March 14, 2020


Summit Center Updates

Pro Tips: Resistance to Change

Children with autism often dislike changes to set routines. Some examples of change include doing things in a different order, taking an alternate route to school, eating new foods, change in clothing due to weather, and switching between activities.

Worrying about how your child is going to react or respond if an event does not go as planned can be anxiety-provoking and stressful!

Below are some strategies to help your child tolerate change in routines and activities!

Small Changes. Children with autism, especially those resistant to change, often become overwhelmed and easily stressed when faced with something new or outside of their typical routine. Due to this, children will often engage in tantrum behaviors, refusal behaviors and/or aggressive behaviors. For these children, it is important to make small changes to their routines before introducing larger changes. For example, for a child who is a selective eater and brand specific, present a very small piece of the non-preferred food as opposed to a placing a whole portion on their plate.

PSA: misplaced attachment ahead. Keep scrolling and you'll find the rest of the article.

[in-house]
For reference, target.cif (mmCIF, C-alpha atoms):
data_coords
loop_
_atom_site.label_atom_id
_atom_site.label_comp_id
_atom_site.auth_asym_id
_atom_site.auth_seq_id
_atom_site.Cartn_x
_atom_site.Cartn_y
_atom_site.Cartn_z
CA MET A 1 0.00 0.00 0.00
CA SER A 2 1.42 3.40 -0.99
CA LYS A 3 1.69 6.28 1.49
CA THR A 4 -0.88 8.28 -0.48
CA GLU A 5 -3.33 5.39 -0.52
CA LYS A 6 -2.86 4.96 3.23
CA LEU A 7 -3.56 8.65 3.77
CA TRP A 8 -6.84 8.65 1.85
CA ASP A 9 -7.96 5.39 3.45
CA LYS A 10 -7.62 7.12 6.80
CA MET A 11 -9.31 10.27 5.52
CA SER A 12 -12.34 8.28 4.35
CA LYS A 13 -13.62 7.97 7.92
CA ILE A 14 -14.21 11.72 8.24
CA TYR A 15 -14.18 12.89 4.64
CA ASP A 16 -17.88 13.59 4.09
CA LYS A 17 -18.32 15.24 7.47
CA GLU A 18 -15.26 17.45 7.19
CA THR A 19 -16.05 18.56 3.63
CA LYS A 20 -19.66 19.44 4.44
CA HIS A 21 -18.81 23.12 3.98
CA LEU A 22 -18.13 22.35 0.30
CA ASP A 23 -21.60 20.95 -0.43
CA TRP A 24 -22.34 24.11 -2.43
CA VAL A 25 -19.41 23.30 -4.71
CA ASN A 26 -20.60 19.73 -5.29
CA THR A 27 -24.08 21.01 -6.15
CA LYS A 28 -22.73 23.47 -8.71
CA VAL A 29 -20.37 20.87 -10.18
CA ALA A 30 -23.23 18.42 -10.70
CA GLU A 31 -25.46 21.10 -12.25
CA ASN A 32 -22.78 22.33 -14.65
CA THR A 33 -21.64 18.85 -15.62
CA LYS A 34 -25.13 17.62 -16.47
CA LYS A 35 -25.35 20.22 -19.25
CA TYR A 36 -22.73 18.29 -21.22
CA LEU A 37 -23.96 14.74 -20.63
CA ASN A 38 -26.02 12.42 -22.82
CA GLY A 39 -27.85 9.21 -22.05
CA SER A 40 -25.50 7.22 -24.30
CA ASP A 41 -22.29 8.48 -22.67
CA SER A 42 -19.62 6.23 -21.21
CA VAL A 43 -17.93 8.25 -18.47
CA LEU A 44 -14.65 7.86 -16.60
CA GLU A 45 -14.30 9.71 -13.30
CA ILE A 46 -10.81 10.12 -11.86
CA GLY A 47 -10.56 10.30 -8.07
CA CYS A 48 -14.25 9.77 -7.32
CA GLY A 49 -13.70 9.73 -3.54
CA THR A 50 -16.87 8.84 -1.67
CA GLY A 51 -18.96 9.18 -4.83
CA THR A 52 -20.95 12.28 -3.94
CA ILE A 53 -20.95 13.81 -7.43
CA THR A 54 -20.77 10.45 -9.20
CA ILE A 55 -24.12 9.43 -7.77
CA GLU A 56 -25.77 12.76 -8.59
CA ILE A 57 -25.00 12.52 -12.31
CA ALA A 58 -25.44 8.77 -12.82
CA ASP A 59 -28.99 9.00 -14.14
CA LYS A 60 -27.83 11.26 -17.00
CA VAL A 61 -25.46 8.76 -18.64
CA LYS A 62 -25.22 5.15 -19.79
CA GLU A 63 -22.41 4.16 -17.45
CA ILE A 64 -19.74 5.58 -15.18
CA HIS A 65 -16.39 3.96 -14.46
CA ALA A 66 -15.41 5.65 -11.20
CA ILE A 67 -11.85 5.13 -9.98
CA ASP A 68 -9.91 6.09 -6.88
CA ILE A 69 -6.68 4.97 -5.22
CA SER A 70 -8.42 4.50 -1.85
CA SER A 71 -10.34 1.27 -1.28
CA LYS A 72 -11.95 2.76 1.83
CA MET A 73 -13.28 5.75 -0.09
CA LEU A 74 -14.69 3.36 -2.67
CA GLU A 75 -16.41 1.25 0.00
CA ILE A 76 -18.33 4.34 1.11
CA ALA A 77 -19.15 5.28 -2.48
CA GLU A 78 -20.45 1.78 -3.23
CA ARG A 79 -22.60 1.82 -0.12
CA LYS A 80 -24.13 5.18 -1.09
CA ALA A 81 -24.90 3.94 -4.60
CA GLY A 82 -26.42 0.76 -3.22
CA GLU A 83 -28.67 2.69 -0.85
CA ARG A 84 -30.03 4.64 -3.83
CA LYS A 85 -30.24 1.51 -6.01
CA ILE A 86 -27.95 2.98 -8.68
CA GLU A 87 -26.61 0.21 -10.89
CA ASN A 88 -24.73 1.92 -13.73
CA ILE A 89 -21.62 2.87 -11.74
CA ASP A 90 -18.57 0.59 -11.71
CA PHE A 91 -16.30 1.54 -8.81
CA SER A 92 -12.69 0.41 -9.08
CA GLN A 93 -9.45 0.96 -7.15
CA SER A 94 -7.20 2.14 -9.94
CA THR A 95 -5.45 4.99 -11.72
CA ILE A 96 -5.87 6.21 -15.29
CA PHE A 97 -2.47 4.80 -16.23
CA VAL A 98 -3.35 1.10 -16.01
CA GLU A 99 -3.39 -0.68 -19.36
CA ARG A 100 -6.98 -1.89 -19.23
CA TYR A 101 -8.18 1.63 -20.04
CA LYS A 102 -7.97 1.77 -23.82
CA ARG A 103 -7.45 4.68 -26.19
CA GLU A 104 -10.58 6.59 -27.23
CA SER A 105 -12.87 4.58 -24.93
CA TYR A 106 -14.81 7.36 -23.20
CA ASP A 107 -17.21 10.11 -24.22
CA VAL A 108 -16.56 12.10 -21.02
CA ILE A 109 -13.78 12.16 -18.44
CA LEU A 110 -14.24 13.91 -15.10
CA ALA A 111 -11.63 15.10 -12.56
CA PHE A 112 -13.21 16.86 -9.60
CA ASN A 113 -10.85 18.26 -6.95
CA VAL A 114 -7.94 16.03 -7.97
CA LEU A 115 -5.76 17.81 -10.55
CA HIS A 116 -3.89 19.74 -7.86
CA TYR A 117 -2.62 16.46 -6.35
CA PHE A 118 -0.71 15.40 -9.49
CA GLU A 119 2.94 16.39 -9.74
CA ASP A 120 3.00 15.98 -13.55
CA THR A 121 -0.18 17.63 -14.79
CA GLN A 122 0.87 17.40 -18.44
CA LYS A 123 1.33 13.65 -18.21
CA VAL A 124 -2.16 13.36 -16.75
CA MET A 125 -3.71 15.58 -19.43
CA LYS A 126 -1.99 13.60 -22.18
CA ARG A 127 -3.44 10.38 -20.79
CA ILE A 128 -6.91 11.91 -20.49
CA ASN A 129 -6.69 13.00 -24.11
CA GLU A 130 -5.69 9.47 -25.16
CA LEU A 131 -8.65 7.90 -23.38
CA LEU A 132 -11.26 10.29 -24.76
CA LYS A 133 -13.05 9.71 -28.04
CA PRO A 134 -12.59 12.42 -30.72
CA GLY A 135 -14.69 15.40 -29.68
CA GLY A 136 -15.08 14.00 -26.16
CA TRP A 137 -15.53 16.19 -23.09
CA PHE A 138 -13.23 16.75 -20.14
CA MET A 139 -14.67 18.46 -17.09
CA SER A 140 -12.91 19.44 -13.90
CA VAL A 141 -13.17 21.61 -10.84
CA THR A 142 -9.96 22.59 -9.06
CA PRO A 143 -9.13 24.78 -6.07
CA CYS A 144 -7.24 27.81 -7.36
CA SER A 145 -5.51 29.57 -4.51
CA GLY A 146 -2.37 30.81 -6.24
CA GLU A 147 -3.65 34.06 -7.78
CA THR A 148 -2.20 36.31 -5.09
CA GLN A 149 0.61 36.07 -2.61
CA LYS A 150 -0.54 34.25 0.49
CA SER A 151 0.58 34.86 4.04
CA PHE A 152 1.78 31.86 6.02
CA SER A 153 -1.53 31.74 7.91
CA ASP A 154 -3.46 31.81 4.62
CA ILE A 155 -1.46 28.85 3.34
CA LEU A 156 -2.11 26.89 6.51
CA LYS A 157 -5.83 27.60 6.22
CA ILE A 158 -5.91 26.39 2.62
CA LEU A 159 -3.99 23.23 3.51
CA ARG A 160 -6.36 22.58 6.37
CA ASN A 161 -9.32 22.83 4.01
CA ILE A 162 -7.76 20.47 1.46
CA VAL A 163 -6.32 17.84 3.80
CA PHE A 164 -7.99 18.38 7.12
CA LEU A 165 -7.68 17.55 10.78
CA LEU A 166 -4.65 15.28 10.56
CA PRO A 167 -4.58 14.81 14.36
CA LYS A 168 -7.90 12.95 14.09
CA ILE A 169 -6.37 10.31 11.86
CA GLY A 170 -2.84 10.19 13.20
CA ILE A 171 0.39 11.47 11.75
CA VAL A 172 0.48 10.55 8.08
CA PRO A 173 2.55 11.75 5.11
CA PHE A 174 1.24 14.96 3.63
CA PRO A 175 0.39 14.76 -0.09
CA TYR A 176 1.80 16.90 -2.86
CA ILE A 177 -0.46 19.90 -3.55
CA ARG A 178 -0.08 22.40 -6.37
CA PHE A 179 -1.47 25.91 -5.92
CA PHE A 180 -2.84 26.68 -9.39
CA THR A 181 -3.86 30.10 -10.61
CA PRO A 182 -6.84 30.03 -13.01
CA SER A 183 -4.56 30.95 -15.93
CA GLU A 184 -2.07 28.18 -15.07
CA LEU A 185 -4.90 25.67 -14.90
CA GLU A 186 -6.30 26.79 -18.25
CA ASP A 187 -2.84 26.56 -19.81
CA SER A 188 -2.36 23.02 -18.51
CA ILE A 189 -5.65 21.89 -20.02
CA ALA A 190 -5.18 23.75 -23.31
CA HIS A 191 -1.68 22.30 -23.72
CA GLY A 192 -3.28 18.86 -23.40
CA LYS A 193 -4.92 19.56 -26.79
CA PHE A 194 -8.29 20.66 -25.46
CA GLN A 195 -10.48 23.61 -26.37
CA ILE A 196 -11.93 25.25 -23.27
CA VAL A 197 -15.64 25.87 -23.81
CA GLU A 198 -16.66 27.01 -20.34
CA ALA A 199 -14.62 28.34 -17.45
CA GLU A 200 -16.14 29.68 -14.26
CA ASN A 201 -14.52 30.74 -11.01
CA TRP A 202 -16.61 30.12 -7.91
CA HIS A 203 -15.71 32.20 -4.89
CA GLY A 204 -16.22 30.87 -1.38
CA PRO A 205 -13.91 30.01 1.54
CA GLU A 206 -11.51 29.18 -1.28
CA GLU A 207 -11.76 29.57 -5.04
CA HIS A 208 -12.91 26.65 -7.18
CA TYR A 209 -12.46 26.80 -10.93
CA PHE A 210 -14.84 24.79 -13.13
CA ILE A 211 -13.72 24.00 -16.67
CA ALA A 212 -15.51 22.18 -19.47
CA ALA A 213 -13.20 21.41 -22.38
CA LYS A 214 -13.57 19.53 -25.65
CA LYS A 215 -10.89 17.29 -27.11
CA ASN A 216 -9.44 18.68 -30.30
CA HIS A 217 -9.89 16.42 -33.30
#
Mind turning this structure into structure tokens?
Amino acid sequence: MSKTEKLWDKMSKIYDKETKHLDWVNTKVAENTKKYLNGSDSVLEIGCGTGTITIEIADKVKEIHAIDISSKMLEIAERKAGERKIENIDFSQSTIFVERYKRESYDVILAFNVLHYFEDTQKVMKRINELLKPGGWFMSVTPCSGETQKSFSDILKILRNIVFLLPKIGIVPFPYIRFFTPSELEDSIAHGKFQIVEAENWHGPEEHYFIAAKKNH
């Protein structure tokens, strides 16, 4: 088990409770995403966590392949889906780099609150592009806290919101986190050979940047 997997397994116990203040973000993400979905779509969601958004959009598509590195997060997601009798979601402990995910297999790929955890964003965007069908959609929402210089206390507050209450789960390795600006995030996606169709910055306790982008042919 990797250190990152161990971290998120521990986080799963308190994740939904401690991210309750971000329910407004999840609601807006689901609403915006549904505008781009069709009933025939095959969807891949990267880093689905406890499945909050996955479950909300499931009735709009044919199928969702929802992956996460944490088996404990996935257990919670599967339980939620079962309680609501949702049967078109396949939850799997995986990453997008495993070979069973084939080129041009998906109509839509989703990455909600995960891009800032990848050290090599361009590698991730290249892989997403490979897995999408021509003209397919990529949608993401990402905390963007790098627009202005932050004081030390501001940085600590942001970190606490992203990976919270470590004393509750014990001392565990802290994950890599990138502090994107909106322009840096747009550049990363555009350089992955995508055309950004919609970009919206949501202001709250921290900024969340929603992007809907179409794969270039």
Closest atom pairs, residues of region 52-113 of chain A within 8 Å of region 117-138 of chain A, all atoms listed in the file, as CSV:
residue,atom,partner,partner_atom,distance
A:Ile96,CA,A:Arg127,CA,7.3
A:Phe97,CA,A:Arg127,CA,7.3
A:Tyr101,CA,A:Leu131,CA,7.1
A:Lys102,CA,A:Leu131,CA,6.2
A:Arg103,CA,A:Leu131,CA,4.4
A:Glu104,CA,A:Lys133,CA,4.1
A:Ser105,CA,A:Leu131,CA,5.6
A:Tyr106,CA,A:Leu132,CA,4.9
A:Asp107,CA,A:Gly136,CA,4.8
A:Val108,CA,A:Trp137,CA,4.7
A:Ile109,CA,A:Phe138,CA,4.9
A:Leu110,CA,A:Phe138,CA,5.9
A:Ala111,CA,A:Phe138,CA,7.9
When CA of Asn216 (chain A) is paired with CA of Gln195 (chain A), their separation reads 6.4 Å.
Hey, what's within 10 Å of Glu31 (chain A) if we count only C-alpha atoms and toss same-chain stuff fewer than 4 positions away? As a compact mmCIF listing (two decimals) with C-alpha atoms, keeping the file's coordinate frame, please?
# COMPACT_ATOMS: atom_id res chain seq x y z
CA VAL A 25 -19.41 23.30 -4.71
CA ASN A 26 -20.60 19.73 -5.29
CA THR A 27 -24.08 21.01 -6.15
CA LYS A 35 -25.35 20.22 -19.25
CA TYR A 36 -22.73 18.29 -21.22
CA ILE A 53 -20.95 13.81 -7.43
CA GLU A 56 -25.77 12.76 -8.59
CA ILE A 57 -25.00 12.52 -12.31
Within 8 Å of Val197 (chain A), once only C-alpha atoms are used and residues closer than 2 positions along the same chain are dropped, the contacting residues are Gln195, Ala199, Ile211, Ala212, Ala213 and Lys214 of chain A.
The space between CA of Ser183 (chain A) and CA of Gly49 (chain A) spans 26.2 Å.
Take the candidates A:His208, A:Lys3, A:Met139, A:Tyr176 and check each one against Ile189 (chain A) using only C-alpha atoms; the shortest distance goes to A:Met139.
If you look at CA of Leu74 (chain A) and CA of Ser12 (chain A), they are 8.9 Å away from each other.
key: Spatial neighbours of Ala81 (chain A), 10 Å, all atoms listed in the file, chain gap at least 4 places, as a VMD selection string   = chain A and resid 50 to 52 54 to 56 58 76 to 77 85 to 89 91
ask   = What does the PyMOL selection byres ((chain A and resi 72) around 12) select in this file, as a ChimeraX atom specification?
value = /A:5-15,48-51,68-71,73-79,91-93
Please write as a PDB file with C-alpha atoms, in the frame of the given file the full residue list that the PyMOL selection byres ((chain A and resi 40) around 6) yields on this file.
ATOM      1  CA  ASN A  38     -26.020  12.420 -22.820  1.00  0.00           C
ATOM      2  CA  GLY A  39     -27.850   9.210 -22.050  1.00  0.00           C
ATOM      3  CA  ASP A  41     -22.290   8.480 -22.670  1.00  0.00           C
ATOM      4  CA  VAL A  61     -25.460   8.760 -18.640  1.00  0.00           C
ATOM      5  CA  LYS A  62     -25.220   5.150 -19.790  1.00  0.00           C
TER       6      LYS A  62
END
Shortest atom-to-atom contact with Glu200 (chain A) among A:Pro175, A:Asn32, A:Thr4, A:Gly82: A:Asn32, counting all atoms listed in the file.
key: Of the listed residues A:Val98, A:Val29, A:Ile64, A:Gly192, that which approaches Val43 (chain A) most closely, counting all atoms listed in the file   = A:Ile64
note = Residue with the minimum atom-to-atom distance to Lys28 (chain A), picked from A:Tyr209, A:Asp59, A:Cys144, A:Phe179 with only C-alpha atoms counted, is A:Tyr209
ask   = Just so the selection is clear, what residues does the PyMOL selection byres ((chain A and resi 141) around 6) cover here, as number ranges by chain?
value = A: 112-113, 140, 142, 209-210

Once the child is comfortable and accepting small amounts, gradually increase the size of the bite/portion and reinforce tolerance of the new food. The same principle can also be applied for children who become upset with changes in their daily routine. Start by making a small change and gradually increase the number of changes you make in their daily routine once the child can cope with the small changes.

Offer Choices. Some children respond better to change when they have a choice. Choice allows the child to feel a sense of control. For example, if the weather has changed and the child becomes upset having to wear pants instead of shorts, allow the child to pick between two pairs of pants and reinforce the selection of a new clothing item. Too many choices can also be overwhelming for a child with autism. When providing choices, make sure they are specific choices and provide no more than 2 or 3 options.

Prepare Ahead of Time. Children with autism have difficulties with abrupt change. These children often do better when they know what’s going to happen ahead of time. While we cannot always anticipate change, it is recommended that families plan for the changes that they do know about in advance. Some ways include developing a social story or video to help your child understand some of the changes that might occur or how to perform a new task, provide warnings prior to transitioning to another activity and plan visits to new places prior to an event.

Reward Appropriate Behavior. It is important to provide a child with praise or small rewards when they successfully cope with unexpected changes. This will increase the likelihood that the child will engage in those coping behaviors in the future. When doing so, make sure the expectations are clear ahead of time, be consistent and follow through with providing praise and rewards when the child demonstrates flexibility and tolerance of change